The third part of the D. Brent Pogue Collection was conducted on Tuesday, February 9, by Stack’s-Bowers and Sotheby’s in New York City. This session, which consisted of select large cents, capped bust dimes, capped bust halves, three dollar pieces, and select half eagles realized $17,135,615. Leading off were 11 lots of half cents, topped by the 1794 Cohen-7 graded MS67RB by PCGS at $940,000. These were followed by five lots of large cents – all dated 1793 – highlighted by the ex-Garrett specimen Chain cent that brought just $1,250 short of $1 million. While this number seems high, some experts had expected to see this coin sell for $1.5 million or more.

Although all of the capped bust dimes are worthy of mention, two stand out not only for their price but also their grade: the 1814 in MS66+ which brought $94,000 (against a pre-sale high estimate of $30,000) and the 1831 in MS68, which also took home $94,000. There were four proof dimes which realized a total of $317,250. Overall the dimes and half dollars performed quite well at the sale.

Speaking of proofs, the 1827 capped bust half dollar graded PR67 formerly in the Eliasberg collection sailed past its high estimate to land at $258,500. The results for the three dollar gold pieces were mixed, although the set brought a little north of $2.6 million. The famous 1875 $3 Pogue example graded PR65+ hammered for $329,000. The final portion of the sale consisted of early half eagles dated 1807-1820, replete with rarities and 19 six-figure coins, led by the 1815 in MS65 at $822,500. Of course, the uber-famous 1822 is held out for a future auction and the coin community is holding its collective breath in anticipation.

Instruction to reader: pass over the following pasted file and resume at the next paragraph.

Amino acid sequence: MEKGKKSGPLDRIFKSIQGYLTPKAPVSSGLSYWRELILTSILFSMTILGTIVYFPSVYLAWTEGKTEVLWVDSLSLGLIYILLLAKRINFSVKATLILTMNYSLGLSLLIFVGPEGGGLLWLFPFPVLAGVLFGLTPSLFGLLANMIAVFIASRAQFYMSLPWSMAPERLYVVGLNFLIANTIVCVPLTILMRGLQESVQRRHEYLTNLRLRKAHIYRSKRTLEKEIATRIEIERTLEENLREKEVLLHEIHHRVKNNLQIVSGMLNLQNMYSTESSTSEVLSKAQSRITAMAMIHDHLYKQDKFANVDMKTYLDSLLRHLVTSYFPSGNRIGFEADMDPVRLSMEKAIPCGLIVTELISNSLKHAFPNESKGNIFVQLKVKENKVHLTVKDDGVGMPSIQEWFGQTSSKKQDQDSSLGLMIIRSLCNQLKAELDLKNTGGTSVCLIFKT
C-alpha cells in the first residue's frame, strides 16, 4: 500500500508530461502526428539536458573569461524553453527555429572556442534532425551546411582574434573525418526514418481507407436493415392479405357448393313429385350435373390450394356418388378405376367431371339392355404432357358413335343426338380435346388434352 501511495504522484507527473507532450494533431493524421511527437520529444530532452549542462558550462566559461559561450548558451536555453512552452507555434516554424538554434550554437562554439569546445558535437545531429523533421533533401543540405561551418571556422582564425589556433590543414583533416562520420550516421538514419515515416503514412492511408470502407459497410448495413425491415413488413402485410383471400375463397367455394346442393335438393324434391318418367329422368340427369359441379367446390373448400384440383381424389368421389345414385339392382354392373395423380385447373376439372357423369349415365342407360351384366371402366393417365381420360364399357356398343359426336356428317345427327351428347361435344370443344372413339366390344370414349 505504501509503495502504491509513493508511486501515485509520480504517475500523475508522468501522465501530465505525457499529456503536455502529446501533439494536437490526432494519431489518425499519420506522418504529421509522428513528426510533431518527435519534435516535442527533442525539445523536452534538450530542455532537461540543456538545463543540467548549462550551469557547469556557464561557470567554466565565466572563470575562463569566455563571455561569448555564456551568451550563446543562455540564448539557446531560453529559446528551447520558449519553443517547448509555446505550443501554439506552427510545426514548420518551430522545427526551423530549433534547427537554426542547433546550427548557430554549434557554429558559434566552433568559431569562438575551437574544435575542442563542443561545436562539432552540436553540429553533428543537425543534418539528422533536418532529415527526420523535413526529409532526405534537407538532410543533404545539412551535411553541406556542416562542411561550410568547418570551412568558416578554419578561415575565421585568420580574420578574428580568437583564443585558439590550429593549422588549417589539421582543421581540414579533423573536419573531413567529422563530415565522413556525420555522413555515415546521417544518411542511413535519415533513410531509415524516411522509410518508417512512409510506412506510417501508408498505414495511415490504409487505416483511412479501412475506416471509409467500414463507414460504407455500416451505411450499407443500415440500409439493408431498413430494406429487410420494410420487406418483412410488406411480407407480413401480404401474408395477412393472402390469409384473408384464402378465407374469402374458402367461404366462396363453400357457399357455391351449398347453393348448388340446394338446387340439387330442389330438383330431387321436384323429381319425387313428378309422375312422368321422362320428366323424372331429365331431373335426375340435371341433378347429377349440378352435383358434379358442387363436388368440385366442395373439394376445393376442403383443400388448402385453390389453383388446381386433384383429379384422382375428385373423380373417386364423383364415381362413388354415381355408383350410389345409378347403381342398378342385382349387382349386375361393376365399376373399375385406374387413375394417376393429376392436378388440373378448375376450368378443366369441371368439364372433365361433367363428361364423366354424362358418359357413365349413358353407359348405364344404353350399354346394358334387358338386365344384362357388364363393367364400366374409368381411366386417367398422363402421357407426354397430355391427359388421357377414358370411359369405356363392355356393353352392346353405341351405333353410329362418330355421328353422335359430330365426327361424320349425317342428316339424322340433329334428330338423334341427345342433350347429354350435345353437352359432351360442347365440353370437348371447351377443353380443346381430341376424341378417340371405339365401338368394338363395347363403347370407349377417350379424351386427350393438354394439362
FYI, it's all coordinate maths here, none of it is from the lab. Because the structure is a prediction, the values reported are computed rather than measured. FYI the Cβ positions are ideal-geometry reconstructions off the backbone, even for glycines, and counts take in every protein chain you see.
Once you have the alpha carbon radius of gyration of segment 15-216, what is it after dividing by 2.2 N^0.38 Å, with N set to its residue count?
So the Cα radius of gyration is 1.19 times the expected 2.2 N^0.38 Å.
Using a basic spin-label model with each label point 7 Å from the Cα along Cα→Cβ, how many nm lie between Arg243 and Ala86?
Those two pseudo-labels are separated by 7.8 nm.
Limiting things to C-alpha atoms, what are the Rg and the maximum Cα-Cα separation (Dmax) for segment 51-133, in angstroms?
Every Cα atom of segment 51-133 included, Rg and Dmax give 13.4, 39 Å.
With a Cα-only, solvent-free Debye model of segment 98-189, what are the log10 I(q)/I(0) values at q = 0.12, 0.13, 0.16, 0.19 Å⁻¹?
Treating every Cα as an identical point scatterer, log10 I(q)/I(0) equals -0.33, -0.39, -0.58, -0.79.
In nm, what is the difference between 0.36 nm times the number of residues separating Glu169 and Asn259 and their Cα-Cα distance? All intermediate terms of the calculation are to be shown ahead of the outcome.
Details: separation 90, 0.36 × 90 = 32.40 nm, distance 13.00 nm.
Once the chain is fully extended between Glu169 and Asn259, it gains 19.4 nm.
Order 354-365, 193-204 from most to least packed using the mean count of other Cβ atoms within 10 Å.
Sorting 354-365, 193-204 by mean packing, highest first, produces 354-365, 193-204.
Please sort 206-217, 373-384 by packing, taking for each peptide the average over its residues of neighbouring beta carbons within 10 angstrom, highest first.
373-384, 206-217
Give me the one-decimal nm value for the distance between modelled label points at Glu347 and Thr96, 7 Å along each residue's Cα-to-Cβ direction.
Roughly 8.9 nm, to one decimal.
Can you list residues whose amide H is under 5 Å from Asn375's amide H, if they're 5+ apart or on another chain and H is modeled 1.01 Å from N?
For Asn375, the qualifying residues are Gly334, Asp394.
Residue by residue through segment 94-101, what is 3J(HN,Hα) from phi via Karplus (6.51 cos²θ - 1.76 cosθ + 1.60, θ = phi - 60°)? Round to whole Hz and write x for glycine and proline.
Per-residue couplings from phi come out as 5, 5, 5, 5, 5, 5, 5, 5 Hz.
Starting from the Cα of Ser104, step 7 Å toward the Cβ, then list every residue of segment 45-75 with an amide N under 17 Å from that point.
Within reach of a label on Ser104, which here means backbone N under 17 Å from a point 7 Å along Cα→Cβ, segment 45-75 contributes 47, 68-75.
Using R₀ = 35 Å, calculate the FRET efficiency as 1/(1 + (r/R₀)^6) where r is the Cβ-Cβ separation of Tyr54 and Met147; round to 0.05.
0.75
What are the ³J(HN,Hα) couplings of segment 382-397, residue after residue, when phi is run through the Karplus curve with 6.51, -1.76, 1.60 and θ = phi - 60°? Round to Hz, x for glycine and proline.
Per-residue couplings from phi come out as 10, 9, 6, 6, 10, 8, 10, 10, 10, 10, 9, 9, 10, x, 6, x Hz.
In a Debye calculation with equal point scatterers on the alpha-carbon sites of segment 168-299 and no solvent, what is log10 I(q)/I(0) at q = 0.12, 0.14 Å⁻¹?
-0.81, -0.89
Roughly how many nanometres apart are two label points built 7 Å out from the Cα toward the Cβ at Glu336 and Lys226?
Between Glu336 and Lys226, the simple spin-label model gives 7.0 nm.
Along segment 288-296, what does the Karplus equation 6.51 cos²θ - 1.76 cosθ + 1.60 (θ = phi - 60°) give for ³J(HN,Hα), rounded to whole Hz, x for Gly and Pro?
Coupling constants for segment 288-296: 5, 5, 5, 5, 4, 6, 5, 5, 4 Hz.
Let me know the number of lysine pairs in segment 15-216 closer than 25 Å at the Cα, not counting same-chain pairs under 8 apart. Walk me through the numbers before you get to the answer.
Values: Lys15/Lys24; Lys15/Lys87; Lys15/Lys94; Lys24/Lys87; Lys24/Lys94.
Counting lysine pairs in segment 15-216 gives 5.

That brings the collection total to $68,577,182, which already makes it the most valuable United States coin collection sold at public auction, and it is not finished.

We eagerly anticipate the subsequent installments of this monumental and landmark collection.


There has been much discussion of late concerning the market for high-end coins slipping. This is not surprising with collectors, investors and dealers all feeling the pinch of lower equity markets. We are observing, however, that Bluesheet levels have been surprisingly representative of auction prices realized. In numerous cases, we see the market outperform the Bluesheet. This could indicate a number of things, including the fact that the spread between sight-unseen quality and sight-seen quality is tightening. The exceptions to this rule are most noticeable for coins that have active CAC bids on CoinPlex. The trading arm of CAC, and other market-makers, have been able to support higher values for stickered coins, and the market supports these higher numbers, at auction and the bourse floor.